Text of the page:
Many optimization problems admit a number of local optima, among which there is the global optimum. For these problems, various heuristic optimization methods have been proposed. Comparing the results of these solvers requires the definition of suitable metrics. In the electrical energy systems literature, simple metrics such as best value obtained, the mean value, the median or the standard deviation of the solutions are still used. However, the comparisons carried out with these metrics are rather weak, and on these bases a somehow uncontrolled proliferation of heuristic solvers is taking place. This paper addresses the overall issue of understanding the reasons of this proliferation, showing that the assessment of the best solver can be cast into a perpetual motion scheme. Moreover, this paper shows how the use of more refined metrics defined to compare the optimization result, associated with the definition of appropriate benchmarks, may make the comparisons among the solvers more robust. The proposed metrics are based on the concept of first-order stochastic dominance and are defined for the cases in which: : (i) the globally optimal solution can be found (for testing purposes); and (ii) the number of possible solutions is so large that practically it cannot be guaranteed that the global optimum has been found. Illustrative examples are provided for a typical problem in the electrical energy systems area - distribution network reconfiguration. The conceptual results obtained are generally valid to compare the results of other optimization problems.
This paper compares various optimization methods for fuzzy inference system optimization. The optimization methods compared are genetic algorithm, particle swarm optimization and simulated annealing. When these techniques were implemented it was observed that the performance of each technique within the fuzzy inference system classification was context dependent.
This article concerns the review of a special class of swarm intelligence based algorithms for solving optimization problems and these algorithms can be referred to as social algorithms. Social algorithms use multiple agents and the social interactions to design rules for algorithms so as to mimic certain successful characteristics of the social/biological systems such as ants, bees, bats, birds and animals.
A well known N P-hard problem called the Generalized Traveling Salesman Problem (GTSP) is considered. In GTSP the nodes of a complete undirected graph are partitioned into clusters. The objective is to find a minimum cost tour passing through exactly one node from each cluster. An exact exponential time algorithm and an effective meta-heuristic algorithm for the problem are presented. The meta-heuristic proposed is a modified Ant Colony System (ACS) algorithm called Reinforcing Ant Colony System (RACS) which introduces new correction rules in the ACS algorithm. Computational results are reported for many standard test problems. The proposed algorithm is competitive with the other already proposed heuristics for the GTSP in both solution quality and computational time.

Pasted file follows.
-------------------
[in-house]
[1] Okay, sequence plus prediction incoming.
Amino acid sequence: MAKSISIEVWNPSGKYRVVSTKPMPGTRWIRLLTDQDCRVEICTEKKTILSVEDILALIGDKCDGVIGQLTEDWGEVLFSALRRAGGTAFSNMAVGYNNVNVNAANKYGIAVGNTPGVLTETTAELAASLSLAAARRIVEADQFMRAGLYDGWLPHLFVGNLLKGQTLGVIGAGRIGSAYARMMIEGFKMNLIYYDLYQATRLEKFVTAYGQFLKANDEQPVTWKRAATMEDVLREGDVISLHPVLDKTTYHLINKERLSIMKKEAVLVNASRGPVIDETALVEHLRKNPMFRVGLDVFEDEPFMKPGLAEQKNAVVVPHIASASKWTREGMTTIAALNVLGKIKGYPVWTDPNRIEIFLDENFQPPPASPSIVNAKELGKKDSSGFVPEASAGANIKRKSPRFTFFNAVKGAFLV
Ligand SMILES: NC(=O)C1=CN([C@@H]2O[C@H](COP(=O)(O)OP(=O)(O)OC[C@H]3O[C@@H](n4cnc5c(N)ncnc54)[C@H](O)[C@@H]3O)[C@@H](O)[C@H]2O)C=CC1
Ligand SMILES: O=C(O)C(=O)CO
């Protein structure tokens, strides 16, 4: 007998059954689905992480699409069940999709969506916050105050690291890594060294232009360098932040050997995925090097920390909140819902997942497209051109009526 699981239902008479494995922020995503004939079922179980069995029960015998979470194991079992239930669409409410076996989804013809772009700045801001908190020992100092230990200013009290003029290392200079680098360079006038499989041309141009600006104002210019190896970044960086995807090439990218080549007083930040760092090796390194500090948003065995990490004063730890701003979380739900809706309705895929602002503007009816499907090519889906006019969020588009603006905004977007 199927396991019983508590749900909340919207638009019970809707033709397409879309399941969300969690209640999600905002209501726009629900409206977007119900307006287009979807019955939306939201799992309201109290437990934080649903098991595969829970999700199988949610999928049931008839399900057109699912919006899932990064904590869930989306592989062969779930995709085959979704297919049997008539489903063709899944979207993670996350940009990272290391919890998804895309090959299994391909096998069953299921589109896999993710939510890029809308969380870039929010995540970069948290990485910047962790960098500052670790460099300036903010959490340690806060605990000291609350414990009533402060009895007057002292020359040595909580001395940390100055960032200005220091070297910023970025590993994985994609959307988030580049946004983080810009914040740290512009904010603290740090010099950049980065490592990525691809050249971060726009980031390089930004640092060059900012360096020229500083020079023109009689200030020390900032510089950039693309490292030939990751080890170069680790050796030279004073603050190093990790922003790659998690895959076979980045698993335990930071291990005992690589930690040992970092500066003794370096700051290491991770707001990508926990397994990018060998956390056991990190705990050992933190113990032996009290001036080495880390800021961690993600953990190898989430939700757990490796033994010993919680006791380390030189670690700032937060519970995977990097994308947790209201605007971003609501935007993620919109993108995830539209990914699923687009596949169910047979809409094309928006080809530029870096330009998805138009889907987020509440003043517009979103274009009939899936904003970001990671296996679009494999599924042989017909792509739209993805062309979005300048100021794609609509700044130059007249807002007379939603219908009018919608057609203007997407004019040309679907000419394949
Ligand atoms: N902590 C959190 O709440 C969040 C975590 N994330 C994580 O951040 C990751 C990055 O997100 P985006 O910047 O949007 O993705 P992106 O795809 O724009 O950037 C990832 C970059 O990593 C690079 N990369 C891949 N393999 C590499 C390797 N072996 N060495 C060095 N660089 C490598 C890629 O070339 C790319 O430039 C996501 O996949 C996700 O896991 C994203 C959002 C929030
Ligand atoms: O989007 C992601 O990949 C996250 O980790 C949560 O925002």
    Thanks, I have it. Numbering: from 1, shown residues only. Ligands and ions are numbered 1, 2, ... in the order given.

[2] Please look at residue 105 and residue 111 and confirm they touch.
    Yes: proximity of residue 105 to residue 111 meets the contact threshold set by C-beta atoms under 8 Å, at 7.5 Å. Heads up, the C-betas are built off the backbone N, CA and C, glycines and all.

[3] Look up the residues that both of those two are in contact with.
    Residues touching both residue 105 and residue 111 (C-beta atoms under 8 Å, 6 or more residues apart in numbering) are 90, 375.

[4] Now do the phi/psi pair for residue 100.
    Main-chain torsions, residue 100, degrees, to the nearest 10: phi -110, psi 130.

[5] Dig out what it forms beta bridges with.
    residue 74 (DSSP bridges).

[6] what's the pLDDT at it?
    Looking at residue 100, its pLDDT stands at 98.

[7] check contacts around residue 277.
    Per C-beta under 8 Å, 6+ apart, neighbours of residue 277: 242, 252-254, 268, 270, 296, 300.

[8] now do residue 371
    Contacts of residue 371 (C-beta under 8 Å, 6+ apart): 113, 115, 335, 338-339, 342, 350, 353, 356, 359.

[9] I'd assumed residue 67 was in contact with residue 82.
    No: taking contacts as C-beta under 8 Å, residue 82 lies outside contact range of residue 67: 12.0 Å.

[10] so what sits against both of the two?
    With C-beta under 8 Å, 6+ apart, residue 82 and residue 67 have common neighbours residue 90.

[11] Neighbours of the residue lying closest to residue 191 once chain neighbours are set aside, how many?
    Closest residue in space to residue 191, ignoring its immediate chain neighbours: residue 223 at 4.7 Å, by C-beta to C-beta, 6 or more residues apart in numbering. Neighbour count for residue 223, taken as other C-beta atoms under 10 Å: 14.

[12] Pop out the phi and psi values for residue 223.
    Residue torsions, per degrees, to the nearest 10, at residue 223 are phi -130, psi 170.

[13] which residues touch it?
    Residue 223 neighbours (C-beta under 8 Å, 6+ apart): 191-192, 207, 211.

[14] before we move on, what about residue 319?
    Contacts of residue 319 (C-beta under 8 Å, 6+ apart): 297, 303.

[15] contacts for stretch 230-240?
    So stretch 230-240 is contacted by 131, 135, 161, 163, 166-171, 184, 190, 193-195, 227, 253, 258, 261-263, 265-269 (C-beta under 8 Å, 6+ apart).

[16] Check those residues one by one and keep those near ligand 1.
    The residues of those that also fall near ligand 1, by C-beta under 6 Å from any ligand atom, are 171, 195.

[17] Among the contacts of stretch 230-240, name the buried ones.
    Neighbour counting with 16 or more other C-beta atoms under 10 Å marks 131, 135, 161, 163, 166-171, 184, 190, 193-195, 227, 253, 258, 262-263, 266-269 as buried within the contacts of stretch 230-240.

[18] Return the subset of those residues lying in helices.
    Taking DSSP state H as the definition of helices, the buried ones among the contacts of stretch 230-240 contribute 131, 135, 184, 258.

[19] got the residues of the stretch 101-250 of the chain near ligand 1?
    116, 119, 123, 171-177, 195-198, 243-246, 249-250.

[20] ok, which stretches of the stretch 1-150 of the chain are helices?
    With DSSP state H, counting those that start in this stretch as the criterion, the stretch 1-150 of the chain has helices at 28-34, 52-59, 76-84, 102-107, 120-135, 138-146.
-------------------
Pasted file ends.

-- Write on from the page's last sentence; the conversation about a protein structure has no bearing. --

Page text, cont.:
Future grid scenario analysis requires a major departure from conventional power system planning, where only a handful of most critical conditions is typically analyzed. To capture the inter-seasonal variations in renewable generation of a future grid scenario necessitates the use of computationally intensive time-series analysis. In this paper, we propose a planning framework for fast stability scanning of future grid scenarios using a novel feature selection algorithm and a novel self-adaptive PSO-k-means clustering algorithm. To achieve the computational speed-up, the stability analysis is performed only on small number of representative cluster centroids instead of on the full set of operating conditions. As a case study, we perform small-signal stability and steady-state voltage stability scanning of a simplified model of the Australian National Electricity Market with significant penetration of renewable generation. The simulation results show the effectiveness of the proposed approach. Compared to an exhaustive time series scanning, the proposed framework reduced the computational burden up to ten times, with an acceptable level of accuracy.